inNorfolk heads out to the launch of Gali Fine Dining, Norwich’s newest restaurant, for a taste of Indian fusion food on launch night.
When I received an invitation to attend the opening night of Gali Fine Dining on Upper St Giles Street in Norwich, my curiosity was piqued.
Gali used to be St Giles Spice, but in recent months the restaurant has undergone an overhaul. It now has modern decor, fresh flowers on every table and exciting new dishes. Key to this is the six-course taster menu, which sits alongside the á la carte options.
Billing itself as specialising in Bangladeshi fusion food, the owner, Mo Ali, explains: “I wanted to create a new concept in fine dining in Norwich. Gali Fine Dining serves Bangladeshi-inspired fusion food.”
I wanted to create a new concept in fine dining in Norwich
Upon arrival, we were presented with bhel puri canapes. This appetiser, made of onions, cucumber and vegetables stuffed into small, gluten-free poppadums, was served with a sticky tamarind sauce. Beautifully presented, it also tasted incredible, like a little flavour-bomb going off in my mouth. The pungent onions were off-set by the refreshing cucumber and enhanced by the sweet sauce.
While the canapes were doing the rounds, I also managed to get my hands on a sticky chicken tikka kebab. Loaded with chunks of tender meat, the tikka flavours were rich and ever-so-slightly charry.
This starter was a turmeric-heavy broth served with boal caviar, plums and cherry tomatoes and was paired with a dry, floral Riesling.
Unfortunately, the boal caviar was missing from my dish when it arrived, which was a little disappointing. The soup itself was heavy on the turmeric too, which isn’t to my taste. I know it’s a super-food and everything, but I find the taste overpowering.
Thankfully the second course of chicken in a korma sauce was much more to my taste. Served with a thick, coconut sauce, the meat was moist and fell off the bone. It was served with a side of light, fluffy jasmine rice and a full-bodied Chilean red.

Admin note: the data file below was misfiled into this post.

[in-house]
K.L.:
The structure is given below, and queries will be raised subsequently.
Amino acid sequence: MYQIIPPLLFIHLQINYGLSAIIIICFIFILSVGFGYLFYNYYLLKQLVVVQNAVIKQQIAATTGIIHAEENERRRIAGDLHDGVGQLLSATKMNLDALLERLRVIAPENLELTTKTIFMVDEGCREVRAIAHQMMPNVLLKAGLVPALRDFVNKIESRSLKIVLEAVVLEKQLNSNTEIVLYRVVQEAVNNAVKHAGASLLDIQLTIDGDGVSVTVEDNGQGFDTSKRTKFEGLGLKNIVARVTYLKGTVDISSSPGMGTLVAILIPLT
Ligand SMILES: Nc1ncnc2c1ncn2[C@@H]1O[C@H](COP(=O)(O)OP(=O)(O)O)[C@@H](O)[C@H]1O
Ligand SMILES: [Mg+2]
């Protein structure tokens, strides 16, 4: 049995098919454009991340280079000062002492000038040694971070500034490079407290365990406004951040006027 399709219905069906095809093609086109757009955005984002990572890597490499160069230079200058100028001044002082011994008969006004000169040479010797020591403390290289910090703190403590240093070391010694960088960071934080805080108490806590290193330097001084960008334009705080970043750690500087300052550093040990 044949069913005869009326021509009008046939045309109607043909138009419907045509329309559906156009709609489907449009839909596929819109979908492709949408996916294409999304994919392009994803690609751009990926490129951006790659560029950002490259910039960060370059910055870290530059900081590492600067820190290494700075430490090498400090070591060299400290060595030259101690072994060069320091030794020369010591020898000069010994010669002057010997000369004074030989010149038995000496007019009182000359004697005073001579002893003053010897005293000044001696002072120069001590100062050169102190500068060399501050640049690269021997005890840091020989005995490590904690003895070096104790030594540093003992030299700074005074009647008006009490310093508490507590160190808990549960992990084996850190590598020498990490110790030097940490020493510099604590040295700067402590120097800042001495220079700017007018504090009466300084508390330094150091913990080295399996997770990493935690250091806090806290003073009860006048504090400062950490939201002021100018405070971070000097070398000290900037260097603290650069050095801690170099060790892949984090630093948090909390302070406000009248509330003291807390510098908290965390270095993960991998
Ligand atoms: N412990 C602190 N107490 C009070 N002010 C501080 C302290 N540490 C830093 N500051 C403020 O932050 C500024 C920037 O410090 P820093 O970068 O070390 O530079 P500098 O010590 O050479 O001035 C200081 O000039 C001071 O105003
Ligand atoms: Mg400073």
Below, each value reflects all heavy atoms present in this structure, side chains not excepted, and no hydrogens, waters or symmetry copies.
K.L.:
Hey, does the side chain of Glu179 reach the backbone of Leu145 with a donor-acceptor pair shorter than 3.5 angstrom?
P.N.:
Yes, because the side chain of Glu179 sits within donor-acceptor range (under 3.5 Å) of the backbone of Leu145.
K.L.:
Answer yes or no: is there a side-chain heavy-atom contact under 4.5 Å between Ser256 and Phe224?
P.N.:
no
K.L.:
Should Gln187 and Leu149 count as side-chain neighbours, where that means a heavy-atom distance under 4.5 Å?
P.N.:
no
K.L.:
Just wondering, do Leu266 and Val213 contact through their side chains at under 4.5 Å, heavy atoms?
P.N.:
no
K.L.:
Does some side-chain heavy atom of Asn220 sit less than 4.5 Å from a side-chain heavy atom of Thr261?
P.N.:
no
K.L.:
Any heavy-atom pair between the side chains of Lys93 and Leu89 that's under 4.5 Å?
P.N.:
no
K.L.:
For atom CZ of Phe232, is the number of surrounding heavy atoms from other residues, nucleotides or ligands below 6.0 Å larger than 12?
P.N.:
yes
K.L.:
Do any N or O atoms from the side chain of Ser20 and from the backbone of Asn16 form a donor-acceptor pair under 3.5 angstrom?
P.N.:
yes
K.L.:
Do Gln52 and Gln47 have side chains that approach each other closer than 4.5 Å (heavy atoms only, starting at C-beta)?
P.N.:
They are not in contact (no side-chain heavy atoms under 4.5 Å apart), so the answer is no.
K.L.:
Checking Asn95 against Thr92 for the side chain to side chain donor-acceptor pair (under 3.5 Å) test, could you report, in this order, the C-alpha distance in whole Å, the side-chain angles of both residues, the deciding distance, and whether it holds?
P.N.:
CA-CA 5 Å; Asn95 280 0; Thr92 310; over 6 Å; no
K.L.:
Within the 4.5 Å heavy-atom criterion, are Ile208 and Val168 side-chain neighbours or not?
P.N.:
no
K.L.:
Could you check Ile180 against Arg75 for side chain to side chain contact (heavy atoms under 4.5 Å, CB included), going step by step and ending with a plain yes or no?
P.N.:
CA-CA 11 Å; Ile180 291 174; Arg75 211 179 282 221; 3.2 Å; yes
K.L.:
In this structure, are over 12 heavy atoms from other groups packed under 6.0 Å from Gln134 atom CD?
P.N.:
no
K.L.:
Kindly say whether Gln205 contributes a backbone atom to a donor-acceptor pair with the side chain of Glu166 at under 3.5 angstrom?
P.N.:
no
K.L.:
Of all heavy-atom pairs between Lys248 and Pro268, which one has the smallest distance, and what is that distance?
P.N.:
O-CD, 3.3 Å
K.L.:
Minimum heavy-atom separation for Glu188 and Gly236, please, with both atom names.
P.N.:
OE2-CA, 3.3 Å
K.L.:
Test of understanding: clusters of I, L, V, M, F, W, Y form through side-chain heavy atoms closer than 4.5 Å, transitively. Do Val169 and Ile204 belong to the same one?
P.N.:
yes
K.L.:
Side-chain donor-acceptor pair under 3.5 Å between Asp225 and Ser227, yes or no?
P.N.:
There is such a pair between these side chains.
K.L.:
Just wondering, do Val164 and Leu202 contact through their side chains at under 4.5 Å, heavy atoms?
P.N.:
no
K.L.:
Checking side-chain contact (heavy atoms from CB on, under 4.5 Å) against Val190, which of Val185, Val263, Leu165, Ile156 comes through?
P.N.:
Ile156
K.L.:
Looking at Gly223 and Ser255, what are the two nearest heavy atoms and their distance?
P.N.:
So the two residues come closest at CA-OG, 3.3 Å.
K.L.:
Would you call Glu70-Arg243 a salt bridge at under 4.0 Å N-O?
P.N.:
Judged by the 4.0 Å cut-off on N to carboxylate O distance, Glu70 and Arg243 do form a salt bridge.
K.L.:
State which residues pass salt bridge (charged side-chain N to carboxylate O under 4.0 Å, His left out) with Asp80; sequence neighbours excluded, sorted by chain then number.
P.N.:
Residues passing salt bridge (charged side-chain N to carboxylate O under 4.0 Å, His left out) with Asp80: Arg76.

I wouldn’t normally pair a red wine with white meat, but the complexity of the flavours balanced each other perfectly.
This was my favourite dish of the evening.
Fried seabass fillets on a bed of sweet potato in a thick coconut sauce. It had just a hint of chilli. Enough to bring warmth, but not so much it would blow your head off. It also had the warmth of black pepper running through it, giving the dish surprising complexity.
It was served with a fruity, zingy chenin blanc, loaded with pineapple flavours. It cut through the rich sauce and was almost a palate cleanser.
Slices of tender, perfectly cooked duck in a rich, sticky sauce. It was sweet, with a hint of chilli and the umami of soy sauce, which enhanced the flavours of the duck.
It probably could have done with a side of some sort. The flavours were very intense, and without rice or bread to break up the dish, I couldn’t have eaten much more of it.
It was paired with a light pinot noir, which I normally avoid because it’s too tannin. Thankfully this wasn’t, but was dry and lightly oaked.
Forget curry-house dessert – these dough balls are so much better than ice-cream served in a coconut shell. Soaked in a light floral, rose syrup, these buttery little mouthfuls are divine. Topped with a crushed coconut and pistachio, there was a mixture of textures and flavours, which made them incredibly more-ish.
Unfortunately, the dish was missing the sour cream slated on the menu. I think it would have helped to temper the sweetness of the dessert.
They were, however, partnered with golden, vanilla-y semillon, which helped to balance the rose syrup.
All in all, Gali Fine Dining shows great promise.
I’ve put the missing elements and the slightly slow service down to opening-night jitters. The restaurant was also packed with diners who had all sat down at the same time.
I’d like to go back and give it another try now that it’s been open a few weeks and isn’t likely to be so busy.